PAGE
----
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    I put together a simulation using LTSpice; the simulation indicates that with R1, R2 and C1 as shown, it has a frequency range of ~660Hz to ~45kHz. Since you will not be using ideal components (they always have tolerances, and capacitors can be considerably higher or lower than what's printed on them), your mileage will vary somewhat, but it will be reasonably close.

    Keep in mind that the LM339's output can only sink current, it cannot source current. In order for you to be able to see an output from the LM339, you must use a pull-up resistor from the output pin to Vcc; in your case +12v.

    LM339s' outputs are rather limited in the amount of current that they can sink. If you stick with using ~4mA in your calculations, you will be OK.

    So, what value to use for the pull-up resistor?
    Rpullup = Vcc/4mA
    Rpullup = 12v / 0.004A = 3,000 Ohms, or 3k Ohms. This is a standard value of resistance, so we lucked out on that one.

    You can find out what the standard values are by looking at this decade table:
    http://www.logwell.com/tech/components/resistor_values.html
    The E24 (green) column values are the most common nowadays. You can get the E48 and higher values, but you will usually pay a good bit more for them.
     
    Last edited: Nov 5, 2010
  13. Wendy

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  14. SgtWookie

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    Bill,
    I suggest you change your R8 to 3k, or to a formula such as R8 = Vcc/0.004.

    Also, changing R4 and R6 to 9.1k will guarantee that 0% to 100% PWM can be achieved. Much of the time, pots are somewhat under the value specified on them.
     
  15. bytraper

    Thread Starter Active Member

    Sep 28, 2010
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    Thanks guys, I now have a design for the pwm generator for my speed control!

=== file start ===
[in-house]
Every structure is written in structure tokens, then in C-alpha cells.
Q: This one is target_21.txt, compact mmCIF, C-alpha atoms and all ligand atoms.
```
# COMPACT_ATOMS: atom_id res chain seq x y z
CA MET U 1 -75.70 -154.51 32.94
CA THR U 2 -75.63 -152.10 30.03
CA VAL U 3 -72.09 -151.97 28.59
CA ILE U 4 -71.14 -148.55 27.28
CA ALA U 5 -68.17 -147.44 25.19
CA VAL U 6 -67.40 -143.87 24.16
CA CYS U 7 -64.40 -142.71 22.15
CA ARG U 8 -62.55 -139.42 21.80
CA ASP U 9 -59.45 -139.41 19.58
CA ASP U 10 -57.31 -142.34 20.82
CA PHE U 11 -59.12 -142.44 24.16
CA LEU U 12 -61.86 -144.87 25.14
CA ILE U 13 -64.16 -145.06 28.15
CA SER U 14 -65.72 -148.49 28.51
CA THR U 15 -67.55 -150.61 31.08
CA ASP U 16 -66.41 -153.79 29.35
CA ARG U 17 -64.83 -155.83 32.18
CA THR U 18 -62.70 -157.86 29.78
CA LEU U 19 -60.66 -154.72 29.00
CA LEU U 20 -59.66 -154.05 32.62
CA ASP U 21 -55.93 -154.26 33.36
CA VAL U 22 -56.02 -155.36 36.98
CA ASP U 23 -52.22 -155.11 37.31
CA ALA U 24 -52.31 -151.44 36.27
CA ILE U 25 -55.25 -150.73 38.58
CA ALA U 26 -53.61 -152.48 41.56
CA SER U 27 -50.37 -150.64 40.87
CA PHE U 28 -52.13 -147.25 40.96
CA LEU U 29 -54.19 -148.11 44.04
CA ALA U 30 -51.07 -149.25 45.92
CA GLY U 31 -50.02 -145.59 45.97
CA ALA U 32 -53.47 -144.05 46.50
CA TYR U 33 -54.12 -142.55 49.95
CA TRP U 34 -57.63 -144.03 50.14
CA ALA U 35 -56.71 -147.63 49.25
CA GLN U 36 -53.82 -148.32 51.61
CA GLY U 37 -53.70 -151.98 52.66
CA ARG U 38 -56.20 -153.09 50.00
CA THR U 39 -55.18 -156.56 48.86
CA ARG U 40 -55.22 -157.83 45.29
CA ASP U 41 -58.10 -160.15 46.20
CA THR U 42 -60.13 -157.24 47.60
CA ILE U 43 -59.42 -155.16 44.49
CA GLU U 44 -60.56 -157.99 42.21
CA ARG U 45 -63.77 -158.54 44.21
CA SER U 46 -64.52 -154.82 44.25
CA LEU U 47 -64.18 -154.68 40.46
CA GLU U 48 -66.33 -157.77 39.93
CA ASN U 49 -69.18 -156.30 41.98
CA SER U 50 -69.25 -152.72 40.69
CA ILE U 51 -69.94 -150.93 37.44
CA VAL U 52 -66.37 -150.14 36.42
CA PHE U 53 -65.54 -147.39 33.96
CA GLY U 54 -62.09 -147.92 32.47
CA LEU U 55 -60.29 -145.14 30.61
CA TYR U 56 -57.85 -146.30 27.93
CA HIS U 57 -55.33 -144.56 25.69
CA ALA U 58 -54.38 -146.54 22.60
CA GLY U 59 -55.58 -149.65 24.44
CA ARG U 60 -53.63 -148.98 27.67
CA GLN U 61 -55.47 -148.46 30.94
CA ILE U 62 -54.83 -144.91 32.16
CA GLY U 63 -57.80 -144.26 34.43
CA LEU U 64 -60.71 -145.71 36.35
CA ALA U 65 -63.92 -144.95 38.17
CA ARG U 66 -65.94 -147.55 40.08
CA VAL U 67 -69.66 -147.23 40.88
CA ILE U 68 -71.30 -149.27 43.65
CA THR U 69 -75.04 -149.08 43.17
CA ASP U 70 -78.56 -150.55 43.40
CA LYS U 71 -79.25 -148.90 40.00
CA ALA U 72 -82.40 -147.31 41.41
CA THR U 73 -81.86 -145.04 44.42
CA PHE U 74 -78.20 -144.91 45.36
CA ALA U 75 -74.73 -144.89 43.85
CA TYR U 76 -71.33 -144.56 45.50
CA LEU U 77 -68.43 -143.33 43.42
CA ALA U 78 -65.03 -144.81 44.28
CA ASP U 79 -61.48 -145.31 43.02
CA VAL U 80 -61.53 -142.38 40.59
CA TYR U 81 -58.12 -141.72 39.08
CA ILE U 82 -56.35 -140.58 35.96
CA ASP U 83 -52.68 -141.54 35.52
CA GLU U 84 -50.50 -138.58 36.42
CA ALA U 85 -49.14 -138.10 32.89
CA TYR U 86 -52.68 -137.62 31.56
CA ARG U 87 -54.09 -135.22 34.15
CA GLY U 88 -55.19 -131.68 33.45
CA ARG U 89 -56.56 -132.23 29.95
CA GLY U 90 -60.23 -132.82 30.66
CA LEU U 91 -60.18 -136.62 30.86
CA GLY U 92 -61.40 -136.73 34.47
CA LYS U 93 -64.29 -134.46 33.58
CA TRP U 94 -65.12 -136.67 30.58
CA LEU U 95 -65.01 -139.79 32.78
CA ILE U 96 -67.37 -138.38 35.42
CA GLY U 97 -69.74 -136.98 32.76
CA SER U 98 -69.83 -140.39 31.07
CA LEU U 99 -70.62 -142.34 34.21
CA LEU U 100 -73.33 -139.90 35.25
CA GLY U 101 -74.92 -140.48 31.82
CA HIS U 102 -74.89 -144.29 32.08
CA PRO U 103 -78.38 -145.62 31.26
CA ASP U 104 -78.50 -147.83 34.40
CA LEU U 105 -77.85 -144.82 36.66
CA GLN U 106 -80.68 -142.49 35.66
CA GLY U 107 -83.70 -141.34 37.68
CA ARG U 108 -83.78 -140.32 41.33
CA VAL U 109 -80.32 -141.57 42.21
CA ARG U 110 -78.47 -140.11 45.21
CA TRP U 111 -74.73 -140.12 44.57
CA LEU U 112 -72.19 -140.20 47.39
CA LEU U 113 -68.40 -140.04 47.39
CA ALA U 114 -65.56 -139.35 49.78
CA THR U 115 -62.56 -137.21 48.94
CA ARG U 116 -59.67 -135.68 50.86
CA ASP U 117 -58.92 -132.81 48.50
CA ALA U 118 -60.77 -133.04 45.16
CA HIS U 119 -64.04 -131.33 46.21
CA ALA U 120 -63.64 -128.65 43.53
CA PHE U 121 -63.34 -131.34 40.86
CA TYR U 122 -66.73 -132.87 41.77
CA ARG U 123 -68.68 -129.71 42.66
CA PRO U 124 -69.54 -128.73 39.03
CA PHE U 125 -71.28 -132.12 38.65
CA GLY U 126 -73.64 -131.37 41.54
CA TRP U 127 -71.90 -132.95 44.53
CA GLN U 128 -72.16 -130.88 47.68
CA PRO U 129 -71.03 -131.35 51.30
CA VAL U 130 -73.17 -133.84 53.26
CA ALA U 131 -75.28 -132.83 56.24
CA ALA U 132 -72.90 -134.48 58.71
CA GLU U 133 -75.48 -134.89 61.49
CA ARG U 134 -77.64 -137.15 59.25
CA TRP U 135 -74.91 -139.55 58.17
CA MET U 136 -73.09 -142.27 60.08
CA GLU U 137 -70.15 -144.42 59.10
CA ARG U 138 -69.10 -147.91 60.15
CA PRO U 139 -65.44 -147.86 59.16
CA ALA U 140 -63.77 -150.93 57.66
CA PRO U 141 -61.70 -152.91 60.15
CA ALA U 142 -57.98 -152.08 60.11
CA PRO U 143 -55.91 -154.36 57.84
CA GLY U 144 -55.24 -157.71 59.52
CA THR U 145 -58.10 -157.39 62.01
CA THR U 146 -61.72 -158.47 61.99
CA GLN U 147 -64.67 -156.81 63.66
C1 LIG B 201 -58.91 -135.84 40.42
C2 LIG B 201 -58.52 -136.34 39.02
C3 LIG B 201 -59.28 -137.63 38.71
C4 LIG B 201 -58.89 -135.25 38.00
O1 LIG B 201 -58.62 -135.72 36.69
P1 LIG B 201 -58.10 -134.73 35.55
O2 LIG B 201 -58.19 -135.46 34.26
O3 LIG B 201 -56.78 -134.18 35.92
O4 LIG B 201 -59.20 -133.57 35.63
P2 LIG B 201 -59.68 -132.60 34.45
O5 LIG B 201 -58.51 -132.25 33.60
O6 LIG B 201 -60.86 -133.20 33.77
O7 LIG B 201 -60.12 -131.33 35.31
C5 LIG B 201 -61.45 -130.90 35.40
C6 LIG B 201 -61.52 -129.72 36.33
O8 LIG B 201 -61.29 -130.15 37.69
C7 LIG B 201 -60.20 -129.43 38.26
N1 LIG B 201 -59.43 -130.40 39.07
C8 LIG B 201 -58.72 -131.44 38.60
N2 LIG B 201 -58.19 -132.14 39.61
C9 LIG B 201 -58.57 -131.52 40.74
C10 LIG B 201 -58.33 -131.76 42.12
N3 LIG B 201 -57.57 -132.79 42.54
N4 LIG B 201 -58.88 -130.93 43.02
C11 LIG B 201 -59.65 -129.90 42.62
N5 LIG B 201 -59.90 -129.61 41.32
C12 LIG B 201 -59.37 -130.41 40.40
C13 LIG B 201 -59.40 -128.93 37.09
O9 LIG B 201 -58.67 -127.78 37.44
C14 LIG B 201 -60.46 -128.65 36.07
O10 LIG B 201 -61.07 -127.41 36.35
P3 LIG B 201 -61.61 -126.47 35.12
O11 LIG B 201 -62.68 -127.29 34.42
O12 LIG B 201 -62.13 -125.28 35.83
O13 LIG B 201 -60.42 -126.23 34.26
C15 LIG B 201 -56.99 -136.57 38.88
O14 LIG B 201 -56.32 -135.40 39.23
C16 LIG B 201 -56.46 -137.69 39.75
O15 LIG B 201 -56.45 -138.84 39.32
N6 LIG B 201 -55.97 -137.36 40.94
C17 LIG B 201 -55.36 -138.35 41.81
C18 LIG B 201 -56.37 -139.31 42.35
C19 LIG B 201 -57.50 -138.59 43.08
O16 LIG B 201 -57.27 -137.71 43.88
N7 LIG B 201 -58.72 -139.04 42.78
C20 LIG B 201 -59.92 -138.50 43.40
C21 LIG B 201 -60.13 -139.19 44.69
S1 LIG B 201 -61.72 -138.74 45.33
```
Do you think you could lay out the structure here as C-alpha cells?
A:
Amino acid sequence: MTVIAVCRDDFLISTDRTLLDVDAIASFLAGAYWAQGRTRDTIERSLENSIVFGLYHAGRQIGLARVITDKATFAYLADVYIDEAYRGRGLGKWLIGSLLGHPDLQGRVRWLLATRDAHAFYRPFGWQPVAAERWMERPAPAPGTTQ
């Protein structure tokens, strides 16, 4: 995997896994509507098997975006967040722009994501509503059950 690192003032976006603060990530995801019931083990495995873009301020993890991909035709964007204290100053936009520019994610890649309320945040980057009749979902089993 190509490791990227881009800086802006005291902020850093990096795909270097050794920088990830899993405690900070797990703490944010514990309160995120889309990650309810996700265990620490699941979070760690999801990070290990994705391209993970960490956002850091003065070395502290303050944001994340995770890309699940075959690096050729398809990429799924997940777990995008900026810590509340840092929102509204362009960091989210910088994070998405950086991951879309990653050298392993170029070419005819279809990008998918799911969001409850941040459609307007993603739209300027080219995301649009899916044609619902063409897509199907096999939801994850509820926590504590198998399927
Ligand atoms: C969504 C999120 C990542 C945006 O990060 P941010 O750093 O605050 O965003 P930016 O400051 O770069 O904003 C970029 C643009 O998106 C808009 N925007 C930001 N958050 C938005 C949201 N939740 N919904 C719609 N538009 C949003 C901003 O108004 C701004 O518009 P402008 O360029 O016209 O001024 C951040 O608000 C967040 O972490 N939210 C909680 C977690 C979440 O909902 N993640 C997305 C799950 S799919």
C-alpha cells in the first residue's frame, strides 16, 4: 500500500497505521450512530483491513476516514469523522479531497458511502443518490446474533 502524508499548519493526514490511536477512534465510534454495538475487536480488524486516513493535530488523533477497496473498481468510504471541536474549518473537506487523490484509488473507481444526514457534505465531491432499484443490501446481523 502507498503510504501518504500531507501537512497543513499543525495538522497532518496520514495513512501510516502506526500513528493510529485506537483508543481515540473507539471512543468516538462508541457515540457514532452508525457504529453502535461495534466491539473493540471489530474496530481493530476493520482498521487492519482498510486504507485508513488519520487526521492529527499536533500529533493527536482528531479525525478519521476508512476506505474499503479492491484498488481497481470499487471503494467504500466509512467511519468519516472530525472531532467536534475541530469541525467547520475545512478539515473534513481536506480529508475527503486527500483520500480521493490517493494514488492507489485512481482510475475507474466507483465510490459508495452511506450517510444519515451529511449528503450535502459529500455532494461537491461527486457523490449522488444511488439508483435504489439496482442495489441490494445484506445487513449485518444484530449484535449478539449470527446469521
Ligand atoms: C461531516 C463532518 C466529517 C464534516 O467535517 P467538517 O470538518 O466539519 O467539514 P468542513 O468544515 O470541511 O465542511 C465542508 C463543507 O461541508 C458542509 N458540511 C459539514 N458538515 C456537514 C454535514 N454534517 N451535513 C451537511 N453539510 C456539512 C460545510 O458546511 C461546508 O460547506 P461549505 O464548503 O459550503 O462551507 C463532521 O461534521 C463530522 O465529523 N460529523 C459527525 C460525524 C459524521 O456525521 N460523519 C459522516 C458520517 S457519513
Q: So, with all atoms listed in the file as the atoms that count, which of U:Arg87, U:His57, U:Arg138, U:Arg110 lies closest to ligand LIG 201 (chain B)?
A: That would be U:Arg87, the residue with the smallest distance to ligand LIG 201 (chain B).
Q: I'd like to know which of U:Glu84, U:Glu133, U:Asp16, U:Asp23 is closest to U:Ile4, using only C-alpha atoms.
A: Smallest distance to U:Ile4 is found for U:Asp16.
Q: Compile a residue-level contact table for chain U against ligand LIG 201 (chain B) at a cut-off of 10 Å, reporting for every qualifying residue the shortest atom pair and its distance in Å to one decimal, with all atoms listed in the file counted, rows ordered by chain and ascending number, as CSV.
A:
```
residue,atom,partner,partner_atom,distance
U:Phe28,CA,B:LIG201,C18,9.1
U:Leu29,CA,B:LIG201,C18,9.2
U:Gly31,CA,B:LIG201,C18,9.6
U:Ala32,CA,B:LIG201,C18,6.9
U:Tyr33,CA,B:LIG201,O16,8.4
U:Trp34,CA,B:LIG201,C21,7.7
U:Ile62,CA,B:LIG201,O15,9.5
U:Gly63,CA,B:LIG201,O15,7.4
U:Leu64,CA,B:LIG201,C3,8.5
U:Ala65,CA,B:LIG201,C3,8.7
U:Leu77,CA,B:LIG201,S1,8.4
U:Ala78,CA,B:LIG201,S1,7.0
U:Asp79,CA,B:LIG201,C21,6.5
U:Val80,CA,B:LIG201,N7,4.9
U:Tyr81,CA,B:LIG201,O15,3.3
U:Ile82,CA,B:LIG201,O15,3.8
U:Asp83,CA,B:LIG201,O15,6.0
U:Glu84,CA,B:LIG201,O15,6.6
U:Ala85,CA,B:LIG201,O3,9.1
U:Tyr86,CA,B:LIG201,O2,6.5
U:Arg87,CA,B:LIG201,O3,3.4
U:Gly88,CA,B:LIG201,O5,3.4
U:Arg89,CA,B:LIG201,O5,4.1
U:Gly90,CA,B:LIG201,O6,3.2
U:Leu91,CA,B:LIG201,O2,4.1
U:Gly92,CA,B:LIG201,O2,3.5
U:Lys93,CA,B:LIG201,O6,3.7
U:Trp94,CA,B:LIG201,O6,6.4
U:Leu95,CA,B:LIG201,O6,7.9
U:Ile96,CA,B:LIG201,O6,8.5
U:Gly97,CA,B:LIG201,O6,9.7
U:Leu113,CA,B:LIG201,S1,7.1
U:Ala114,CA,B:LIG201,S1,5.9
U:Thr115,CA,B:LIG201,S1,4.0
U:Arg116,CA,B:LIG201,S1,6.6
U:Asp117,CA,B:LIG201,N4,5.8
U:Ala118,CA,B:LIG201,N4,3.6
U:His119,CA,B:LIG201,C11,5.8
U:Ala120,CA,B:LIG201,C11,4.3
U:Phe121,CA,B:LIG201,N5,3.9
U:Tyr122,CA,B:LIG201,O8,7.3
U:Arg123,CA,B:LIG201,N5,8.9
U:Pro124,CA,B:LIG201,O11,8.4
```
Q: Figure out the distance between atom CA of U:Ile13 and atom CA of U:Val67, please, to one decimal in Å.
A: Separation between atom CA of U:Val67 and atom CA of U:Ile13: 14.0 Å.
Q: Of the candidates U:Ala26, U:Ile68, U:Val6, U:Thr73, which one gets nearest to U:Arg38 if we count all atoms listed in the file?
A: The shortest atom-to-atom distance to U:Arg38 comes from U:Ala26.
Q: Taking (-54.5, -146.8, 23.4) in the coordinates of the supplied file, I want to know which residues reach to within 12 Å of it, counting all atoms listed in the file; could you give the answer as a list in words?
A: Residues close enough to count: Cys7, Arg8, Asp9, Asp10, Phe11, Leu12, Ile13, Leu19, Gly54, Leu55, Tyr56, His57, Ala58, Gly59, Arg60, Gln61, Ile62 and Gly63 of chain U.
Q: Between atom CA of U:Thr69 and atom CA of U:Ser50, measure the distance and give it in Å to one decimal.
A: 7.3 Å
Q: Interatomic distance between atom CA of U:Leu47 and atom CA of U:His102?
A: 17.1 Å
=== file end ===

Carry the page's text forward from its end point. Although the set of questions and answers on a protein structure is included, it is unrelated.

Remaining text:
16. SgtWookie

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    Keep in mind that the PWM output will have only a small current source/sink capability. If you are planning on driving a MOSFET or transistor with it, you will need to use a voltage follower/buffer to be able to drive a transistor or MOSFET.
     
  17. bytraper

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    Sep 28, 2010
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    All it has to do is turn on a gate on a SN7402N (QUADRUPLE 2-INPUT POSITIVE-NOR GATES).

    I dont think it needs much current at all to do that so I dont think I'll need to use the transistor will i ?
     
  18. SgtWookie

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    That'll probably work OK - but are you sure you want to use an SN7402? Those are pretty power-hungry. You might consider a 74HC02 instead.
     
  19. Wendy

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    Mar 24, 2008
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    Did you mean R7? It was a demo value, since the power supply wasn't defined.

    Given that R8 turns off the transistor almost anything will work. The current for the transistor comes directly from the output of the LM339, and if you are providing 30 ma to the LED the LM339 is sinking much, much less (0.3ma?). This is one of my better designs.
     
  20. bytraper

    Thread Starter Active Member

    Sep 28, 2010
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    Ok, I think I'll use the 74HC02..

    Thanks Sarge for the advice and help, and thanks Bill for the great circuit!

    For the LM339 though, its a 14 pin chip and the circuit only uses 3 of the pins! Is there another type of comparator that I can use that will use less board space?
     
    Last edited: Nov 6, 2010